The strategic location of Lebanon, on the eastern coast of the Mediterranean as well as its treasured resources have made it a valuable target for civilizations and conquerors throughout history.
From century to century, the small country has been inhabited and ruled by numerous civilizations, kingdoms, and empires, 16 of which are presented below.
The Phoenicians, or the Canaanites, were the first known civilized people to inhabit Lebanon.
Phoenicia, established between 2300-2100 B.C, thrived by the Eastern Mediterranean until its cities were captured by Alexander the Great in 333 B.C., after which Phoenicians began to gradually lose their identity.
In the early 16th century B.C., Egypt began to expand its influence by occupying strategic cities in its region.
Coastal Phoenician cities, such as Tyre and Byblos, were important targets for the Egyptians, and they successfully took most of them during their conquest and used their prosperous ports to trade.
Throughout its existence between 1392 and 1056 B.C., the Assyrian Empire occupied and lost Phoenician cities several times.
Phoenicia came under a lengthy Assyrian rule again between 858-608 B.C., after several Neo-Assyrian Kings launched successive campaigns and occupied its historic cities.
When the Babylonians, who were vassals of the Neo-Assyrian Empire, saw that the latter was collapsing in the early 7th century B.C., they started to take over and they established the Neo-Babylonian Empire.
After seizing power from the Assyrians, the Babylonians ruled over Phoenicia from 605 to 538 B.C.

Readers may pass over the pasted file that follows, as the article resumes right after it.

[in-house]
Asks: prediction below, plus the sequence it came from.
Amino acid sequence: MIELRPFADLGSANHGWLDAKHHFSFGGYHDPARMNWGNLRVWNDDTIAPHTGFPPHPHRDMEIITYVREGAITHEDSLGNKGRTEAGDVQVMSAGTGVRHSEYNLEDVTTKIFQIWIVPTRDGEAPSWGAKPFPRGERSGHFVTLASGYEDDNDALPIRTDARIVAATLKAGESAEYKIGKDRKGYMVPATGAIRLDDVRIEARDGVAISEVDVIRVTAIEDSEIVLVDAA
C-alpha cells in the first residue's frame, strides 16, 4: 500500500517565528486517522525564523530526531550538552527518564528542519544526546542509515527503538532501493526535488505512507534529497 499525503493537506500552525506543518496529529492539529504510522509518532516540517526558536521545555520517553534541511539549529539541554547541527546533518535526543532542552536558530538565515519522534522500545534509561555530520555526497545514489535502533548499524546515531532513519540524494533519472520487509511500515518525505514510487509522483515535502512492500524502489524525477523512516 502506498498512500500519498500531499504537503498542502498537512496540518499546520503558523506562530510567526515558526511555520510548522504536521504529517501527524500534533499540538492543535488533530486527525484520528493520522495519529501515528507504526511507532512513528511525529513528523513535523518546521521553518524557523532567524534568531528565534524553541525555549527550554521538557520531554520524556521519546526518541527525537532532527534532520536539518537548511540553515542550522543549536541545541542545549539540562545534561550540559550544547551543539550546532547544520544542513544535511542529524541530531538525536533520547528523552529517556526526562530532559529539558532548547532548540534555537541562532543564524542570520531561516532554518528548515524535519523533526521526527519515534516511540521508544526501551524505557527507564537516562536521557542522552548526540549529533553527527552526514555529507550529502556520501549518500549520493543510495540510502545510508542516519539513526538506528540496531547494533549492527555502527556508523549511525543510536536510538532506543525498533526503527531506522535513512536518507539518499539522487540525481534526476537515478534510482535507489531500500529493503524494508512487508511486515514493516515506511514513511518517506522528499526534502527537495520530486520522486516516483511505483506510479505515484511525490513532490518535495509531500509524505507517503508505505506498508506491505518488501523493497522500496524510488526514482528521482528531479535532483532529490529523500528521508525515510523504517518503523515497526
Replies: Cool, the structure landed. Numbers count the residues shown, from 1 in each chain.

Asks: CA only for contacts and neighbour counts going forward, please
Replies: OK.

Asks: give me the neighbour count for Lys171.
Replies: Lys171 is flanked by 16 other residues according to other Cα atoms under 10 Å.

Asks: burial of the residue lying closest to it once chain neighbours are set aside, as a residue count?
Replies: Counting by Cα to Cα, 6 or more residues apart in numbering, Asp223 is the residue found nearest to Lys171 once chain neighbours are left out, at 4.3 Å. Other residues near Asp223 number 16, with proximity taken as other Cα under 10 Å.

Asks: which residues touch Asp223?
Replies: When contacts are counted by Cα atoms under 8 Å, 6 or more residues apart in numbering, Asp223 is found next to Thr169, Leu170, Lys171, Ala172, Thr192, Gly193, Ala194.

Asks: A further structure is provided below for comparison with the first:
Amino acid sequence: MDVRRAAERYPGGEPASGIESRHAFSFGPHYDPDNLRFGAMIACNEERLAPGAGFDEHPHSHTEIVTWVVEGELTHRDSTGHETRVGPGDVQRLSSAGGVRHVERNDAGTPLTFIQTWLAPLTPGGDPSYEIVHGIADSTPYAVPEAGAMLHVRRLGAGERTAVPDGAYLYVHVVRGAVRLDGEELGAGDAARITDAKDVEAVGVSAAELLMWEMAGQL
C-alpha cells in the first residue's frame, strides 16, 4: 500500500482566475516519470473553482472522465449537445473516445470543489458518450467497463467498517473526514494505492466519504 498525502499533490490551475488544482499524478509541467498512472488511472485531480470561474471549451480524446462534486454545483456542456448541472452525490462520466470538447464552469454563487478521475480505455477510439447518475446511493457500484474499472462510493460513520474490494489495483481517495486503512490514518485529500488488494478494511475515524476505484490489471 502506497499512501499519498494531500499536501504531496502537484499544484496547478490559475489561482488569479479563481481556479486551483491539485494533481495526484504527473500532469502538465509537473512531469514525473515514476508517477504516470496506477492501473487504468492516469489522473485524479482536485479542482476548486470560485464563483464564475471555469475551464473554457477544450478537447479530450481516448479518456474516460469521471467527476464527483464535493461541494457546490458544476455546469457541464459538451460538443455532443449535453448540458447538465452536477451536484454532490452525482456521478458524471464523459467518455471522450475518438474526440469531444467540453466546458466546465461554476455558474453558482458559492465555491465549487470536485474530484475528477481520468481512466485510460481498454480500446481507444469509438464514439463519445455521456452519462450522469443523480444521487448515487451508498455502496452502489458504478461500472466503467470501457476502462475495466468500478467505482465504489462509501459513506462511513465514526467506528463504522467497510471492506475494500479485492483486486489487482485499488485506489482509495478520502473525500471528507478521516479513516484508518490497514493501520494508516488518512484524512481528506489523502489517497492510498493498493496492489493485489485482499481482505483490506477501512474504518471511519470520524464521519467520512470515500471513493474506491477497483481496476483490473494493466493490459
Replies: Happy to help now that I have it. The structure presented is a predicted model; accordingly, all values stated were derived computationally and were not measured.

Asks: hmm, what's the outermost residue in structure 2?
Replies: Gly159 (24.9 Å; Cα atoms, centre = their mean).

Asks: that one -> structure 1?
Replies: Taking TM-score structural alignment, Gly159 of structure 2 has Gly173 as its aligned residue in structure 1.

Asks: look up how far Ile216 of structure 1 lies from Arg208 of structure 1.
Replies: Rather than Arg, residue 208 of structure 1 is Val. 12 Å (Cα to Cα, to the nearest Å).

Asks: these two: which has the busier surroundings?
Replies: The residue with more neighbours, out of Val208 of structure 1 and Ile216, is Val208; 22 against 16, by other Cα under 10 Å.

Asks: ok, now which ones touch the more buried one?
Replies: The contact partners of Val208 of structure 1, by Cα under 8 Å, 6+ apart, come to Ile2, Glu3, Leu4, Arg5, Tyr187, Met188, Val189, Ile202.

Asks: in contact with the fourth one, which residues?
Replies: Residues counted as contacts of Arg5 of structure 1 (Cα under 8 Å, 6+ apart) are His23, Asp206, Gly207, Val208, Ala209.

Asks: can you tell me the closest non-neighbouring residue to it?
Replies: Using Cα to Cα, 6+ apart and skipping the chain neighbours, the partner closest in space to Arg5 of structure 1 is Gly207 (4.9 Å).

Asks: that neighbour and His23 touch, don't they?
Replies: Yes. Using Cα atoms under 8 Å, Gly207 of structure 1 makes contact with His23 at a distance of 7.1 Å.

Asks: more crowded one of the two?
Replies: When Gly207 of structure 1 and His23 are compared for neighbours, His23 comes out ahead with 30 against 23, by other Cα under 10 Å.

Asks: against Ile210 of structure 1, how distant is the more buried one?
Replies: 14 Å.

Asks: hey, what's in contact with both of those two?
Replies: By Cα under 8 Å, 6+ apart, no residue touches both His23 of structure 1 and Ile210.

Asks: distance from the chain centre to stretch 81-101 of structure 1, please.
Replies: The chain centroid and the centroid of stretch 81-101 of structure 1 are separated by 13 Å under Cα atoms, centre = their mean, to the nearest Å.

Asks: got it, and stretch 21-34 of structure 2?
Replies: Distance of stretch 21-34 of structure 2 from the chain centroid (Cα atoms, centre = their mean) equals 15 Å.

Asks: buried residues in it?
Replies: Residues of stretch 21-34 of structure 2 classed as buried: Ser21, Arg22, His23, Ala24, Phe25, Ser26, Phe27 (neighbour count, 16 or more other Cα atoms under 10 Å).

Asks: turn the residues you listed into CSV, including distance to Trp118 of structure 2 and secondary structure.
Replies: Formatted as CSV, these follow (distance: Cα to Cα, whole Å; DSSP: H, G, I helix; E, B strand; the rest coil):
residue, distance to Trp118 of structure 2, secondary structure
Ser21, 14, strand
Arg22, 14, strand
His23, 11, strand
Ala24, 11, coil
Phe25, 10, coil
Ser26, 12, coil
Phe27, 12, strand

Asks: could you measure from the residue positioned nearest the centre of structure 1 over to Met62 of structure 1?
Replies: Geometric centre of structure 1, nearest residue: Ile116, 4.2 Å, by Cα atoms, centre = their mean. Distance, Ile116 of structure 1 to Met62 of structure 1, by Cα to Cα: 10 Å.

In 538-539 B.C., after the establishment of the Achaemenid Empire, the first Persian Empire, its ruler Cyrus the Great marched toward Phoenicia and took it from the Babylonians.
Phoenicia remained under Persian rule for two centuries after that, until the conquest of Alexander the Great.
In 333 B.C., Macedonian King Alexander the Great defeated the Persians in the Anatolian Peninsula, north of Phoenicia, before setting his eyes on Tyre; one of the most strategic Phoenician cities.
It was then that the historic months-long siege of Tyre took place, during which Tyre ended falling to Macedonia. After Alexander’s invasion, Phoenicia’s independent identity began to gradually dissolve.
Following Alexander’s death in 323 B.C., the Macedonian Empire began to fall apart at the hands of its generals.
As a result, the Seleucid Empire was born in the Middle East by Seleucus I, one of those generals, and Lebanon became part of that empire.
After ruling Lebanon for over 200 years, the last century of which was very chaotic and filled with constant internal struggles, it was the Roman Empire’s turn to invade Lebanon and add it to its expansive list of provinces.
The First Crusade that came from Europe in the 11th century passed right through Lebanon to reach Jerusalem. The European invaders occupied the southern areas of Lebanon, which became part of the northern region of the Kingdom of Jerusalem.
On the other hand, Northern Lebanon was transformed into the County of Tripoli which, in the centuries to come, survived to be the last of the Crusader states.
#14 The Mamluk Sultanate
In the late 13th century, Lebanon was conquered again by the Mamluk sultans of Egypt, with whom the Ottomans constantly fought over the eastern Mediterranean.
#15 The Ottoman Empire
Before the Mamluks could rule Lebanon in peace, the Ottomans effectively conquered the region of the Eastern Mediterranean and established their empire in 1299 A.D.
Lebanon remained a part of the Ottoman Empire until the latter’s fall in World War I.